After World War II began. private and small commercial aviation was severely restricted. She and her friend Violet Milstead  applied to join the Air Transport Auxiliary (ATA) in the United Kingdom and were accepted. December 1942, she was hired by British Overseas Airways Limited as a pilot with the ATA, and in the spring of 1943 they boarded a ship for England. Orr flew the remainder of the war years ferrying 40 different types of single and twin-engine military aircraft, including Harvards, Hurricanes, Spitfires, Ansons, Swordfish and Tiger Moths from factories in the British Isles to the front line bases, returning with damaged machines to repair depots.

On her return to Canada at the end of the war, Orr was employed as a flight instructor with Gillies Flying Service, Buttonville Airport, Ontario. In 1947 she assumed the responsibilities of Manager and CFI of Aero Activities Limited at Barker Field, Toronto, and two years later purchased the company. Within two years she had trebled its flying hours and turned losses into profits. The sale of Barker Field for development purposes required that a new location be found for her company. In the spring of 1954 work commenced at a new site at Maple, a small town about 20 miles (32 km) north of Toronto, but only after she persuaded the residents that the airfield would be a valued addition to their town. The airfield was officially opened in September 1954, and she became the first woman licenced to operate an airport in Canada.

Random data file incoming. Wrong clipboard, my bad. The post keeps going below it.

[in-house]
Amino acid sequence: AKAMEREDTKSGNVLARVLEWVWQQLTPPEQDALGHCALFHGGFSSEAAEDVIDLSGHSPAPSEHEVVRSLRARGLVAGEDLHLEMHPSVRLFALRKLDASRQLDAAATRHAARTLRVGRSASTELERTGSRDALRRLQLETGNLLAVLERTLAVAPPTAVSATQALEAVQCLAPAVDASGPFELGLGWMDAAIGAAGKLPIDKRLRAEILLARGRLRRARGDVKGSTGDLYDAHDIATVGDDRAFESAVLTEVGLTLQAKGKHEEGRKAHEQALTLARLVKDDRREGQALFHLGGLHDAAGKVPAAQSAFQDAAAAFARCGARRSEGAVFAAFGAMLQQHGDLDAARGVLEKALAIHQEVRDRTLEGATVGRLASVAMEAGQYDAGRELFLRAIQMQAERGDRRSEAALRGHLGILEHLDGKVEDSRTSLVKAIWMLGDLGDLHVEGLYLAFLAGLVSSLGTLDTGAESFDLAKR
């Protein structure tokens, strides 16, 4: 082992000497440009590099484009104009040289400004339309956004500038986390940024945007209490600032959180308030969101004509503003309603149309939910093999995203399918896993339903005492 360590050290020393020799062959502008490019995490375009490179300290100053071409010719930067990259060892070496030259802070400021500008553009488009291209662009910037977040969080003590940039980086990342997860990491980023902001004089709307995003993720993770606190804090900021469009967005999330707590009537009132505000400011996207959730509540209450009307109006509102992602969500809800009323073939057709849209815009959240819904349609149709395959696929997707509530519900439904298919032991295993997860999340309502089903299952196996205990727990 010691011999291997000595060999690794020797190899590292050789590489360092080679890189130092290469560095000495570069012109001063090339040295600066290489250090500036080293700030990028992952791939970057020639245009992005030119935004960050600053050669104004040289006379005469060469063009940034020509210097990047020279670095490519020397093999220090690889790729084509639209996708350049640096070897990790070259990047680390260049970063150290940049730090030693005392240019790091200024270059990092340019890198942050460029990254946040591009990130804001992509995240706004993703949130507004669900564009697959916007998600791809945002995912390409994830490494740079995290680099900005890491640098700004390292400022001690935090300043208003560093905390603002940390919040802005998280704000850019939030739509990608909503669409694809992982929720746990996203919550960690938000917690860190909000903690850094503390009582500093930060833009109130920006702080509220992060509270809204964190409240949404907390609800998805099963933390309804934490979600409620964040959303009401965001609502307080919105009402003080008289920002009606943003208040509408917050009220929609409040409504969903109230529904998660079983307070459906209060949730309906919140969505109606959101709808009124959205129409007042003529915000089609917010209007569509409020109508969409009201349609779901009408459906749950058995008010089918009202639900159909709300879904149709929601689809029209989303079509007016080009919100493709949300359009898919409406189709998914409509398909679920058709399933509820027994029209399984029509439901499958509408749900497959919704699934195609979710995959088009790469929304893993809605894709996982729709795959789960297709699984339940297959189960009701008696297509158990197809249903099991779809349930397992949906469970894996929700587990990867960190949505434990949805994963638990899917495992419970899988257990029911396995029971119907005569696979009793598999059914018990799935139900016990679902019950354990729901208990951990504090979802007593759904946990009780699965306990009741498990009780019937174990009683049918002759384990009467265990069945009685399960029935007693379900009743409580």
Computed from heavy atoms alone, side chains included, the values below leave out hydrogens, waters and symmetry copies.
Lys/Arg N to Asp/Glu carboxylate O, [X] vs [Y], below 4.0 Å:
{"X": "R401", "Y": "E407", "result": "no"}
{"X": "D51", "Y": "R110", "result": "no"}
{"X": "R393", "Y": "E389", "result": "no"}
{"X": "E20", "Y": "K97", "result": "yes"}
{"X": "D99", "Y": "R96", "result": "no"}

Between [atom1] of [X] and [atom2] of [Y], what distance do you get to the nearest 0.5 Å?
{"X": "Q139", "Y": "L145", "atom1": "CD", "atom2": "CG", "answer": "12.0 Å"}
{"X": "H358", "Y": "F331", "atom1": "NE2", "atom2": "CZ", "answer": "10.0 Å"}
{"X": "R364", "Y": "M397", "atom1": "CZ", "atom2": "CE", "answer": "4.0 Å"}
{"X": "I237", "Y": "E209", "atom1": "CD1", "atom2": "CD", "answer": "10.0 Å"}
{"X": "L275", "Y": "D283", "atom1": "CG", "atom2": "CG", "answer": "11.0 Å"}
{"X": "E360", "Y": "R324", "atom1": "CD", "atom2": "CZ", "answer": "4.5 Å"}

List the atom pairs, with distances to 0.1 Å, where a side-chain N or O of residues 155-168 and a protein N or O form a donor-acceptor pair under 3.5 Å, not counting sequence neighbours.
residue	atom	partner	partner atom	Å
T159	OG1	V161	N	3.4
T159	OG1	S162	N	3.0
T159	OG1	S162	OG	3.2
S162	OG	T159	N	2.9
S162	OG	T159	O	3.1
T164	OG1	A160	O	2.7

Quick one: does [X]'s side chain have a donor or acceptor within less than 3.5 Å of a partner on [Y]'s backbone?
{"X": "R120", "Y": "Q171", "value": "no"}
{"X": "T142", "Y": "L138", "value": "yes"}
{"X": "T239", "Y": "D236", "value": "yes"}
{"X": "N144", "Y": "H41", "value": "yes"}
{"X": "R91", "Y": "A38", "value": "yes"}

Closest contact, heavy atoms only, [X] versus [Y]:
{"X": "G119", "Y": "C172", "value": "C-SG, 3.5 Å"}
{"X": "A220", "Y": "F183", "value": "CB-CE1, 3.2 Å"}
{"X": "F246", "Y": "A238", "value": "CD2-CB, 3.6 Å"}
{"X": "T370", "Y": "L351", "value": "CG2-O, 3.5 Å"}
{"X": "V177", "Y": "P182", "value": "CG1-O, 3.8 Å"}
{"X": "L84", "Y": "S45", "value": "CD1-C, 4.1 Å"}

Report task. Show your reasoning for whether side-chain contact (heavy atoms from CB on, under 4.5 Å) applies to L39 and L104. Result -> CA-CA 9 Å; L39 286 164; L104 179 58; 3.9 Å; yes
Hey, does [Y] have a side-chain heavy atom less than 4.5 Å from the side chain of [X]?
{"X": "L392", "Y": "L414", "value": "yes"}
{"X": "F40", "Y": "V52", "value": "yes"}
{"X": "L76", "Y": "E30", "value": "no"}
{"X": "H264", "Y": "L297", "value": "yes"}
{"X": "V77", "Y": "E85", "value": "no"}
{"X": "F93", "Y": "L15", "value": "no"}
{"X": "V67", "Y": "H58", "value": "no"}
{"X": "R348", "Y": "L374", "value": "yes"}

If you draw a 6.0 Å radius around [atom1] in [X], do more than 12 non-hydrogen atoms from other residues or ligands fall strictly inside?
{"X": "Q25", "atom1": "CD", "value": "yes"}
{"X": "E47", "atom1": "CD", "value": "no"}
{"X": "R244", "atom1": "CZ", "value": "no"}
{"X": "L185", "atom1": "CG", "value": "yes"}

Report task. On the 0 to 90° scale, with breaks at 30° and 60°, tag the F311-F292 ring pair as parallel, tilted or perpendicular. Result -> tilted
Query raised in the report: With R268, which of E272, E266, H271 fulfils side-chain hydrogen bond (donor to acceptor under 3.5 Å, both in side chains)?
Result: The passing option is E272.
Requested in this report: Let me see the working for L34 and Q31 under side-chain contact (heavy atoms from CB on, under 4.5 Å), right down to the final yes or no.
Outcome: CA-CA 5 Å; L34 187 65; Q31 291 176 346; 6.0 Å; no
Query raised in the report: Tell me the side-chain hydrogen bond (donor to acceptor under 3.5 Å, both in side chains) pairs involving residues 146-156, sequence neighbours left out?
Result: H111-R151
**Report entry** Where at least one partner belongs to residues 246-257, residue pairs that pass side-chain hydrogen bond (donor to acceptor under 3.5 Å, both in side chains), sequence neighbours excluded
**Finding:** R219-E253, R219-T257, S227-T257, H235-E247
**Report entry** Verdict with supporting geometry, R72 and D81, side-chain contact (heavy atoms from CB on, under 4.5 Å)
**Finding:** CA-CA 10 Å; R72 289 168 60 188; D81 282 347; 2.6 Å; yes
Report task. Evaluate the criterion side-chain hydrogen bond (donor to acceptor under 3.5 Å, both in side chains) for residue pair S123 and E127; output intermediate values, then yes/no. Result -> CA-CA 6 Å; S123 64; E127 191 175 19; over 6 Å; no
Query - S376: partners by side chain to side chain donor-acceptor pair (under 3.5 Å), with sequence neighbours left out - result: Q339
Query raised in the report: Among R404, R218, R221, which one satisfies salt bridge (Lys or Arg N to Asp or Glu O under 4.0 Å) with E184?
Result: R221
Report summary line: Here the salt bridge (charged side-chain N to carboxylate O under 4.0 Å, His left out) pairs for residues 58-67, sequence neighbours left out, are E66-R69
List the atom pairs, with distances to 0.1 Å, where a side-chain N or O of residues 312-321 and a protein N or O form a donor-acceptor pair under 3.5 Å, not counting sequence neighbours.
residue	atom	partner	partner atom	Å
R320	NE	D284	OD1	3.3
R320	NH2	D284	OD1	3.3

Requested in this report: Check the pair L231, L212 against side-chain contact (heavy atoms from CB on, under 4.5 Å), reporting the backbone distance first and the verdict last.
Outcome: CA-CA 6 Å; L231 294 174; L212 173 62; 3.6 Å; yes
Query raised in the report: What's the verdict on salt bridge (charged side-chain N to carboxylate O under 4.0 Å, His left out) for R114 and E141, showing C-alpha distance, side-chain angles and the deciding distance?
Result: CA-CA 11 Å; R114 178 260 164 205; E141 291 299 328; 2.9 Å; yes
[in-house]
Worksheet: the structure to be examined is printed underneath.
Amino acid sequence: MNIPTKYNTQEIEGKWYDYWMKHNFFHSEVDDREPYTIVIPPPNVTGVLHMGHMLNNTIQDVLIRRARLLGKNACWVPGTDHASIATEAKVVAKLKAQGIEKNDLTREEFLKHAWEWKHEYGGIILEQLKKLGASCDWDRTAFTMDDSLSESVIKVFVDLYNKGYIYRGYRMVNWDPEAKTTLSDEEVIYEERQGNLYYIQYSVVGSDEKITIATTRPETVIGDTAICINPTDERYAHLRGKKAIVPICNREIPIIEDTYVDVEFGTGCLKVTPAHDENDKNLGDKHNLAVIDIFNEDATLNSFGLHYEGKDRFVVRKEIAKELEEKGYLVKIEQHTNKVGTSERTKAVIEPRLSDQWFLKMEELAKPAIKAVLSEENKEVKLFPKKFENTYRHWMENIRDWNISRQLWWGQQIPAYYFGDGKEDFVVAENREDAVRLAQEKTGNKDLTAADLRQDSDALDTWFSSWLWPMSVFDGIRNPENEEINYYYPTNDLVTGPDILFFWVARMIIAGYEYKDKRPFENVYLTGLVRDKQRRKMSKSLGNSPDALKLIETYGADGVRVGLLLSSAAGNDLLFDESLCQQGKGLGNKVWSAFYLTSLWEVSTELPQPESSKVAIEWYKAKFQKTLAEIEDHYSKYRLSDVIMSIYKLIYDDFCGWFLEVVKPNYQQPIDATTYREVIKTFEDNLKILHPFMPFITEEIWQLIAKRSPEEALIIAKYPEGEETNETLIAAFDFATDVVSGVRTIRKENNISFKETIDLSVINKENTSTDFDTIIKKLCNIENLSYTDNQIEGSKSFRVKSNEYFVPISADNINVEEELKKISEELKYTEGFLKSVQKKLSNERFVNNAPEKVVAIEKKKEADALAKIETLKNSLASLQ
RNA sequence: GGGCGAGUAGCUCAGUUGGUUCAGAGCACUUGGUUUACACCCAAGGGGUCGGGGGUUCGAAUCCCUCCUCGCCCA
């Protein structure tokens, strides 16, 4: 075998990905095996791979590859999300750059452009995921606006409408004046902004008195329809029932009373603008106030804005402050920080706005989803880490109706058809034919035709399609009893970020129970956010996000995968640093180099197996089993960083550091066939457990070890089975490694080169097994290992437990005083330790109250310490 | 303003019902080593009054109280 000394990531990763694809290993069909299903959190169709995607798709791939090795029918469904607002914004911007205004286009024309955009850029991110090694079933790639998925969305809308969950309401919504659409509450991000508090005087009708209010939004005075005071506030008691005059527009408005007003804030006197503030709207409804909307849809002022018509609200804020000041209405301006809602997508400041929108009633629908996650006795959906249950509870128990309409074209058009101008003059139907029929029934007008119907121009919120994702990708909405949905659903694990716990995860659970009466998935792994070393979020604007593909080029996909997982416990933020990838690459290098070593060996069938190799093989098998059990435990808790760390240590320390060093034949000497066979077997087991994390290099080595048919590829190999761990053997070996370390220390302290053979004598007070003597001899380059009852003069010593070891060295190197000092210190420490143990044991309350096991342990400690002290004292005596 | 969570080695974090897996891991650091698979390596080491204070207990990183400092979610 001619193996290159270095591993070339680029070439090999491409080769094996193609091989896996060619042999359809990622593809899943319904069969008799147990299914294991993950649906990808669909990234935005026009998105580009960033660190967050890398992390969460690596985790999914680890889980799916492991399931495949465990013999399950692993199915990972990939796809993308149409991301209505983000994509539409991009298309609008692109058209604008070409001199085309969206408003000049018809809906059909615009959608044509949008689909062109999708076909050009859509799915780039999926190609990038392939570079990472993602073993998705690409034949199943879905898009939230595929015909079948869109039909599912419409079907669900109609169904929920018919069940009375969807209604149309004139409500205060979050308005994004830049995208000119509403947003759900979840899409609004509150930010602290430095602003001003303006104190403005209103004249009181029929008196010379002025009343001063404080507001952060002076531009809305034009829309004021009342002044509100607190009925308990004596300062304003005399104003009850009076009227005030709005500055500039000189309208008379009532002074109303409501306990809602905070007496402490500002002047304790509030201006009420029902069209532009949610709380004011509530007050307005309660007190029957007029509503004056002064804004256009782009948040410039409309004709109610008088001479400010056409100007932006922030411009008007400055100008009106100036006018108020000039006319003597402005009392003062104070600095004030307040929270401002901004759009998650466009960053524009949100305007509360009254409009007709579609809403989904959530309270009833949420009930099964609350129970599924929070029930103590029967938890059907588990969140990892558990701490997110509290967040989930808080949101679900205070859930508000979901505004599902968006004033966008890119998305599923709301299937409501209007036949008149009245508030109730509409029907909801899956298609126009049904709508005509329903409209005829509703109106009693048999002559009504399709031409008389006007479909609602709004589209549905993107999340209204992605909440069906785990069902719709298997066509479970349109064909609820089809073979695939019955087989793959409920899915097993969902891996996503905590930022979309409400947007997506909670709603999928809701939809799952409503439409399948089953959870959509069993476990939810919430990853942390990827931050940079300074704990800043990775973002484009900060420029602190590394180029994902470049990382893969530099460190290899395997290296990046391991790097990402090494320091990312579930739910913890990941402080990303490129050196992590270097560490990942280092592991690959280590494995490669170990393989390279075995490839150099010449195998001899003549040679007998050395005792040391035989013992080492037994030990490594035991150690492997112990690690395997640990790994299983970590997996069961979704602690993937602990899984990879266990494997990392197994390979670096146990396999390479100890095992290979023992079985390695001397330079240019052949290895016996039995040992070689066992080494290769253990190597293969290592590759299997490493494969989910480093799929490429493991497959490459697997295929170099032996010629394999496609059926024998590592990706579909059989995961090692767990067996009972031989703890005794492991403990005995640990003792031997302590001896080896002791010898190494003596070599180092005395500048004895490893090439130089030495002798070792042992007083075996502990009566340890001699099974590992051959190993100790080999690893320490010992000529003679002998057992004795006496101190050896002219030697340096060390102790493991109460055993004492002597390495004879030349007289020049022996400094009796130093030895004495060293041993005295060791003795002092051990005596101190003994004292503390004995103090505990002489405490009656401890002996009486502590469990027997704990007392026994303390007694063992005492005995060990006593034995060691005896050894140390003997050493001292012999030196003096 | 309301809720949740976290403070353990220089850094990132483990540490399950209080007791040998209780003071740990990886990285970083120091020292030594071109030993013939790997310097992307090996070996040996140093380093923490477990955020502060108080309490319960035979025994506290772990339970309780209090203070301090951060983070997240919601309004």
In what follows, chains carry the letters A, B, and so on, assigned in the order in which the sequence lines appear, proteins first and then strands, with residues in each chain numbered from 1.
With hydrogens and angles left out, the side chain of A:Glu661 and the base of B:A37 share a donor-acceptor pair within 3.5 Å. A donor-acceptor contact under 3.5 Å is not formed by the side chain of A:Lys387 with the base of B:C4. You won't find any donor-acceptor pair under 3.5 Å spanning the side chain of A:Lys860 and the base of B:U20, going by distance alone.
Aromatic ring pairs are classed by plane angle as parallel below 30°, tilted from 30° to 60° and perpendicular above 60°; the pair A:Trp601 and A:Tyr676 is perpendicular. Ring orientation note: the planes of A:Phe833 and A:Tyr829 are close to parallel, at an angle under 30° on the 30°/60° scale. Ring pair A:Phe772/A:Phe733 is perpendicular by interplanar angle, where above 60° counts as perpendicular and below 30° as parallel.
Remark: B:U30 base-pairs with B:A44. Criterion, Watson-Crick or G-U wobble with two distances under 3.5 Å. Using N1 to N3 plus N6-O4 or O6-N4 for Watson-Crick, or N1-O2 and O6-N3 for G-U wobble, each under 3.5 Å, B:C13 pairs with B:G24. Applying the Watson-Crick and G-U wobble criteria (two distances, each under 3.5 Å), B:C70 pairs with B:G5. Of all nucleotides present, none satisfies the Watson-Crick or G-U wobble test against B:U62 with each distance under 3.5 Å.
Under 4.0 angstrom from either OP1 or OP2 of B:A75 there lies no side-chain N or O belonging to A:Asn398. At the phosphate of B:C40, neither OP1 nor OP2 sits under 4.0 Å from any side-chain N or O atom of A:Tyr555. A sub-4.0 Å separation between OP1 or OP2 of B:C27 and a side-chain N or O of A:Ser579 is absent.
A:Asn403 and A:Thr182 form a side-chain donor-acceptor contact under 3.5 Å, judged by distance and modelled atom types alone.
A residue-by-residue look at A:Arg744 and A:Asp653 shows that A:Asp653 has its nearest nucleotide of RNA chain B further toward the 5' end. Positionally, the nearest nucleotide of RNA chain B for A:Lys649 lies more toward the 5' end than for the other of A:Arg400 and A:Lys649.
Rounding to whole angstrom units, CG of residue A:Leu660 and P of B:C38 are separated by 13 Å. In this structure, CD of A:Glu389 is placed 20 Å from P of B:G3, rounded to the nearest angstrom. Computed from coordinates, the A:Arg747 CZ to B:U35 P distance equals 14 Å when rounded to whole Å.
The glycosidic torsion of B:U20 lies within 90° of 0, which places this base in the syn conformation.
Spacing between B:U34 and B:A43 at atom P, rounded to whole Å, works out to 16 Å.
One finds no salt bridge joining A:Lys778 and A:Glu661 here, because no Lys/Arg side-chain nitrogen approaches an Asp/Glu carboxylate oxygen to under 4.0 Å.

In 1957 Aero Activities Limited was sold and Orr returned to the flight line with Gillies Flying Service as an instructor. She also spent some time with the Sudbury Flying School where she was one of the first women to become involved in bush flying. In 1958 she left aviation for a year and returned in 1959 as the CFI of her former company, Aero Activities. In 1960 she joined Markham Toronto Airways with whom she remained for a year.